Restaurants in Manitoba will soon be able to sell alcohol through takeout and delivery service, thanks to new legislation introduced on Dec. 3.
A critical step forward for foodservice
This was a key ask in the latest Raise the Bar report from Restaurants Canada, which was released in September. Produced every two years, the report takes a look at liquor policies impacting foodservice and hospitality businesses from coast to coast and gives each province a grade, as well as recommendations for improvement.
The 2019 Raise the Bar report revealed a considerable thirst for selling alcohol through takeout and delivery: Seven out of 10 licensed foodservice businesses told Restaurants Canada that they would benefit from being able to sell alcohol to their patrons to enjoy off-site.
With on-premise sales growth flattening out for restaurants in recent years, the business case for restaurants to sell alcohol through takeout and delivery is becoming more clear.
On-premise dining still accounts for the majority of restaurant sales nationwide, representing a little over half of overall revenues in 2018. But looking specifically at the 2018 sales stats for full-service restaurants, where customers traditionally would go to enjoy a meal at a table:
- delivery sales grew by 54 per cent;
- takeout sales grew by 18 per cent; and
- dine-in sales still represented 79 per cent of their total sales, but there was no growth from the year before.
Untapped potential: The case for leveling the playing field
While liquor retail opportunities have been expanding across the country, licensed foodservice establishments have been largely shut out from being able to sell beverage alcohol products for off-site consumption, either through takeout or delivery.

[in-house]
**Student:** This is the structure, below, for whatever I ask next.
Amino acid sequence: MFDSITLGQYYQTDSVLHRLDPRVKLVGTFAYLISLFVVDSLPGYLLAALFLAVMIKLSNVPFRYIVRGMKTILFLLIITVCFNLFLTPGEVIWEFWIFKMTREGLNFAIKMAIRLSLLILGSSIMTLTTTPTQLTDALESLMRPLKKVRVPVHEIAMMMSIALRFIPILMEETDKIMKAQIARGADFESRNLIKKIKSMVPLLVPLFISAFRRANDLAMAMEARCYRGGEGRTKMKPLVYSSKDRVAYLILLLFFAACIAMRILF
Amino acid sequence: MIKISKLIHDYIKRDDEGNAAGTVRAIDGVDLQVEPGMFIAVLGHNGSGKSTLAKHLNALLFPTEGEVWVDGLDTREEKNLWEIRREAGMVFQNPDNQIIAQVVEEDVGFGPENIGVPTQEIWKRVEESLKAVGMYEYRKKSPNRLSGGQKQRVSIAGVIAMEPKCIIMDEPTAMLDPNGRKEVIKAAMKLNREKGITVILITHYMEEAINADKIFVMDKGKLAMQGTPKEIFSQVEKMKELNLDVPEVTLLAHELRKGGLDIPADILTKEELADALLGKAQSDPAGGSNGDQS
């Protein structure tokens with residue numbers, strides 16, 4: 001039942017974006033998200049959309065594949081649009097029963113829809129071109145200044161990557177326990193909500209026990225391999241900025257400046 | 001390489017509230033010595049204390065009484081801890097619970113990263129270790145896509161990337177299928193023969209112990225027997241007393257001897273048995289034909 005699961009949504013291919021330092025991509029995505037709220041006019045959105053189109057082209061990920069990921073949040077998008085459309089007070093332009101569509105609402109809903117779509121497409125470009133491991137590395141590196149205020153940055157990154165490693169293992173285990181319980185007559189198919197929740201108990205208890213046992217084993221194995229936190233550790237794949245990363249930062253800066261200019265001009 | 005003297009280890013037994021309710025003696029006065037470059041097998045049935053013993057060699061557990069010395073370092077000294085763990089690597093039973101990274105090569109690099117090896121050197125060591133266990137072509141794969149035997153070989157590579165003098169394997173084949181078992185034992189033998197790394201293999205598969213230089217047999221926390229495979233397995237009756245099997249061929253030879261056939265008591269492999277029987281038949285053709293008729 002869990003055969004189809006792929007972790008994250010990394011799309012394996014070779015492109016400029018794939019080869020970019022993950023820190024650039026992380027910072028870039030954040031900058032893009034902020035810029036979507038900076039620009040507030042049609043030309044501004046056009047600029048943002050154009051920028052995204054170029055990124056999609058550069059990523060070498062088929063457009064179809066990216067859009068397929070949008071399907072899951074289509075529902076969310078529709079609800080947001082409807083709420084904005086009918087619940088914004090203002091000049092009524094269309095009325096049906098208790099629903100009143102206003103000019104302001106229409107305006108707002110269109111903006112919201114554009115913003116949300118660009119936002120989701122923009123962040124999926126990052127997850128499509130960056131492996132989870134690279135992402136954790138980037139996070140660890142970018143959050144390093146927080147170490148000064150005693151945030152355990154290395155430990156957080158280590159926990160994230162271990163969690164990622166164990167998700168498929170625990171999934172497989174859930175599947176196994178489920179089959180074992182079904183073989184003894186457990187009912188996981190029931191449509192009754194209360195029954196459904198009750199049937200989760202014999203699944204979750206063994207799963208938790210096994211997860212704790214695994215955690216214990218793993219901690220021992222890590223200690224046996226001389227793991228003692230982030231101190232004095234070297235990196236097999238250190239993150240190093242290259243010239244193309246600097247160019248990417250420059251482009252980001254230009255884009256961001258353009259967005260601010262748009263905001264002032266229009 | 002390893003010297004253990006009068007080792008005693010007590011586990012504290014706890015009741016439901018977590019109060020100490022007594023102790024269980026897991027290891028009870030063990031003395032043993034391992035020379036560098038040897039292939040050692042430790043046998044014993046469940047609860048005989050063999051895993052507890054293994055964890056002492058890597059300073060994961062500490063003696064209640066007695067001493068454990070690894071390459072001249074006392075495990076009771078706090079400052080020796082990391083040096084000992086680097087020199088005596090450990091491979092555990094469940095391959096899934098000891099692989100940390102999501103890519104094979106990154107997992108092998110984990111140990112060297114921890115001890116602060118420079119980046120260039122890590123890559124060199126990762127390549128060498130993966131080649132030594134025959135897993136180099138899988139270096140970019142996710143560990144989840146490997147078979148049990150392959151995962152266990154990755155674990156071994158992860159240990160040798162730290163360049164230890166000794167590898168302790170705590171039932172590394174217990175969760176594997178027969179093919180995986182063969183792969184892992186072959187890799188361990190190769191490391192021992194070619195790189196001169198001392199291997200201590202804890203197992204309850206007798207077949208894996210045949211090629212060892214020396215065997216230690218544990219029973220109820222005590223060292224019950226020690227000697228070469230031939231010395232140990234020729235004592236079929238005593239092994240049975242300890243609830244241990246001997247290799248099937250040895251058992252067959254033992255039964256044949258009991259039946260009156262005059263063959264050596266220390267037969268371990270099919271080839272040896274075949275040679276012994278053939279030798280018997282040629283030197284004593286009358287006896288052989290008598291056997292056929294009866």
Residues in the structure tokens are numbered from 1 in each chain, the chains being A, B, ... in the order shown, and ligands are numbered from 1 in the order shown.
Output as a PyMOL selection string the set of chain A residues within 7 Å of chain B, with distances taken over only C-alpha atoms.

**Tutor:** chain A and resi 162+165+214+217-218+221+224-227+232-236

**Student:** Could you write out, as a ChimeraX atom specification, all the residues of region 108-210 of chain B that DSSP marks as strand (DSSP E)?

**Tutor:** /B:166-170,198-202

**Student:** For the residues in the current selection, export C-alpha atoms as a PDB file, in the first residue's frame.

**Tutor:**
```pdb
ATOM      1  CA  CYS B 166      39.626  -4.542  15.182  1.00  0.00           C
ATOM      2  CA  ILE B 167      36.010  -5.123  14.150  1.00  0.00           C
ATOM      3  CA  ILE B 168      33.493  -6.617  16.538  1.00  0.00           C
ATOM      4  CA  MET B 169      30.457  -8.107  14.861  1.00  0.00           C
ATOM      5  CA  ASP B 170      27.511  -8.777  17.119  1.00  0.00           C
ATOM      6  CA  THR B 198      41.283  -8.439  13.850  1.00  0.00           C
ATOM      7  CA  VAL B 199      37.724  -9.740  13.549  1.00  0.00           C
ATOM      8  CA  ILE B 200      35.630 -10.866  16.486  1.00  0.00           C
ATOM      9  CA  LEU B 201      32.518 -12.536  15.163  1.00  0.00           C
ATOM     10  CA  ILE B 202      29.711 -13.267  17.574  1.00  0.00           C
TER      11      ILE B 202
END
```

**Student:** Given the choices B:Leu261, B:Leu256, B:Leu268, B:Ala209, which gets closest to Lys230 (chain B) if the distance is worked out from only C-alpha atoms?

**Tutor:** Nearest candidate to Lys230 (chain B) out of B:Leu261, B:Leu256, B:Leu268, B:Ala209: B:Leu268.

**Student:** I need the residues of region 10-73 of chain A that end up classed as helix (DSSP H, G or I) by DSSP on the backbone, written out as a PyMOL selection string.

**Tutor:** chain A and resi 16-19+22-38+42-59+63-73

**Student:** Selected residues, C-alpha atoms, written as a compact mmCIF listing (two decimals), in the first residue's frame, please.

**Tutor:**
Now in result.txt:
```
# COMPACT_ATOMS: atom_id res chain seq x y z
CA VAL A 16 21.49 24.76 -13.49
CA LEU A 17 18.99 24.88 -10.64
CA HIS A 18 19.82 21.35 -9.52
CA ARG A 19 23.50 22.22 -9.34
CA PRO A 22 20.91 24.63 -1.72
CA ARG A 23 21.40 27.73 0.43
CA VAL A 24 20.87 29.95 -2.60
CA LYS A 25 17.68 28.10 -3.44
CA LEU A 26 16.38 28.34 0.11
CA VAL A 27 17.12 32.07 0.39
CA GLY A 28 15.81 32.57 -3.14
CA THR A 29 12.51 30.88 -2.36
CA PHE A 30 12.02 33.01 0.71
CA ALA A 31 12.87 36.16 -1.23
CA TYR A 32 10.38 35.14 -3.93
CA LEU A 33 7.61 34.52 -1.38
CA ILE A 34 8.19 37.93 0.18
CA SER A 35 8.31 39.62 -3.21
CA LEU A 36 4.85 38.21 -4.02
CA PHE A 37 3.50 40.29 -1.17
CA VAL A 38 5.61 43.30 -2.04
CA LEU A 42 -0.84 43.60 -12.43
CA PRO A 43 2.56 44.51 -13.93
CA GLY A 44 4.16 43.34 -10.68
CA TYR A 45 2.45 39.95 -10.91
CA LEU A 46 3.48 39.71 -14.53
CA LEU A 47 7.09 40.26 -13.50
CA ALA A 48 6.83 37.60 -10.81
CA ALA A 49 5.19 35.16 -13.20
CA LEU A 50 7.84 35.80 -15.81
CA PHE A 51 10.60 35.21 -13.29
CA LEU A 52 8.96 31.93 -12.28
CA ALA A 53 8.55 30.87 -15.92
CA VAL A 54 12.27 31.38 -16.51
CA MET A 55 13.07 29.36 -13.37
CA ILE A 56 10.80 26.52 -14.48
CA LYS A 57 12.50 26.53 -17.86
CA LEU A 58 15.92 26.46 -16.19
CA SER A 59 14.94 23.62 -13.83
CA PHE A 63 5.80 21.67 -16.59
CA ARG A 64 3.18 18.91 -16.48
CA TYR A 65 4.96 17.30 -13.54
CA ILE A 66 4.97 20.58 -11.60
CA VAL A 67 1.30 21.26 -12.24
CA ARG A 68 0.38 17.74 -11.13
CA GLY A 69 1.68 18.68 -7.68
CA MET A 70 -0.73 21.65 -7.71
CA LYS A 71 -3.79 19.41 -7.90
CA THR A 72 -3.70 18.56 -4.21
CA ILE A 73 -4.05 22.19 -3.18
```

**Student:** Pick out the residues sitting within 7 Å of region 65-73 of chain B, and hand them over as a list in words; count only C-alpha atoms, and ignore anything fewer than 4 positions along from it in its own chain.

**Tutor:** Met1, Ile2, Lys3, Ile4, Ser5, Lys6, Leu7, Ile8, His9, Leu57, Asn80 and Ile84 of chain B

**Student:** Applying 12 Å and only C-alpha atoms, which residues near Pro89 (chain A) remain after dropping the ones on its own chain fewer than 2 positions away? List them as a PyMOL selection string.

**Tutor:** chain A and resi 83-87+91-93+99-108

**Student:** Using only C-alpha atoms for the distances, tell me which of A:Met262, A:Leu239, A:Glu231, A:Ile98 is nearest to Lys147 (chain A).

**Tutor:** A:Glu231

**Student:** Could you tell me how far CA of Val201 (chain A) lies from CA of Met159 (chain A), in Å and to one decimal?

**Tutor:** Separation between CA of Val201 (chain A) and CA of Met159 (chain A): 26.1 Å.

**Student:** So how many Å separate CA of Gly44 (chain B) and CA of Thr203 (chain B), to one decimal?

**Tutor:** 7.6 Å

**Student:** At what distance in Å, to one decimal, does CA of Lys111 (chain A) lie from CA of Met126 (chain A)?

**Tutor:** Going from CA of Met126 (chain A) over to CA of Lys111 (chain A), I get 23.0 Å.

A few jurisdictions currently allow bars and restaurants to sell their patrons alcohol to enjoy off-site, with some limitations: for instance, Prince Edward Island lets licensed establishments sell locally produced beverage alcohol products for off-premise consumption; some establishments in Alberta and B.C. can sell their patrons a limited amount of beer and wine to take home; and legislation in Quebec allows restaurants to sell either beer or wine through both takeout and delivery.
The legislative reforms proposed in Manitoba will create the most all-encompassing rules yet, allowing licensed foodservice establishments to sell beer, wine, cider and coolers for off-site consumption.
Restaurants Canada has been advocating for rules like these for years — especially since ordering liquor through third-party delivery services, like Skip the Dishes and Foodora, has been permitted in a number of provinces.
At the same time, policies originally intended to give market access to small liquor producers have increasingly been encroaching on the restaurant sector: in many jurisdictions, consumers can enjoy a meal at a winery, craft brewery or distillery and then purchase a beverage alcohol product to go, while foodservice establishments can’t provide the same options to their patrons.
Allowing restaurants to sell alcohol through takeout and delivery would not only level the playing field for foodservice businesses, but also help craft products find larger markets. For example, if bars and restaurants were permitted to fill and sell growlers from their existing tap systems, this would benefit small, local brewers who might not have enough capital for bottling equipment.
New liquor products are often first encountered in a bar or restaurant setting at the recommendation of a professionally trained server. Why should restaurateurs who are trained and trusted to serve alcoholic beverages within their establishments be restricted from selling their customers those same products to enjoy at home?
Restaurants Canada looks forward to meeting with policymakers from other provinces interested in following Manitoba’s lead.
If you have any questions or would like more information, you can get in touch with any of the following members of the Restaurants Canada team:
- David Lefebvre, Restaurants Canada Vice President, Federal and Quebec, at email@example.com
- Luc Erjavec, Restaurants Canada Vice President, Atlantic Canada, at firstname.lastname@example.org
- James Rilett, Restaurants Canada Vice President, Central Canada, at email@example.com
- Mark von Schellwitz, Restaurants Canada Vice President, Western Canada, at firstname.lastname@example.org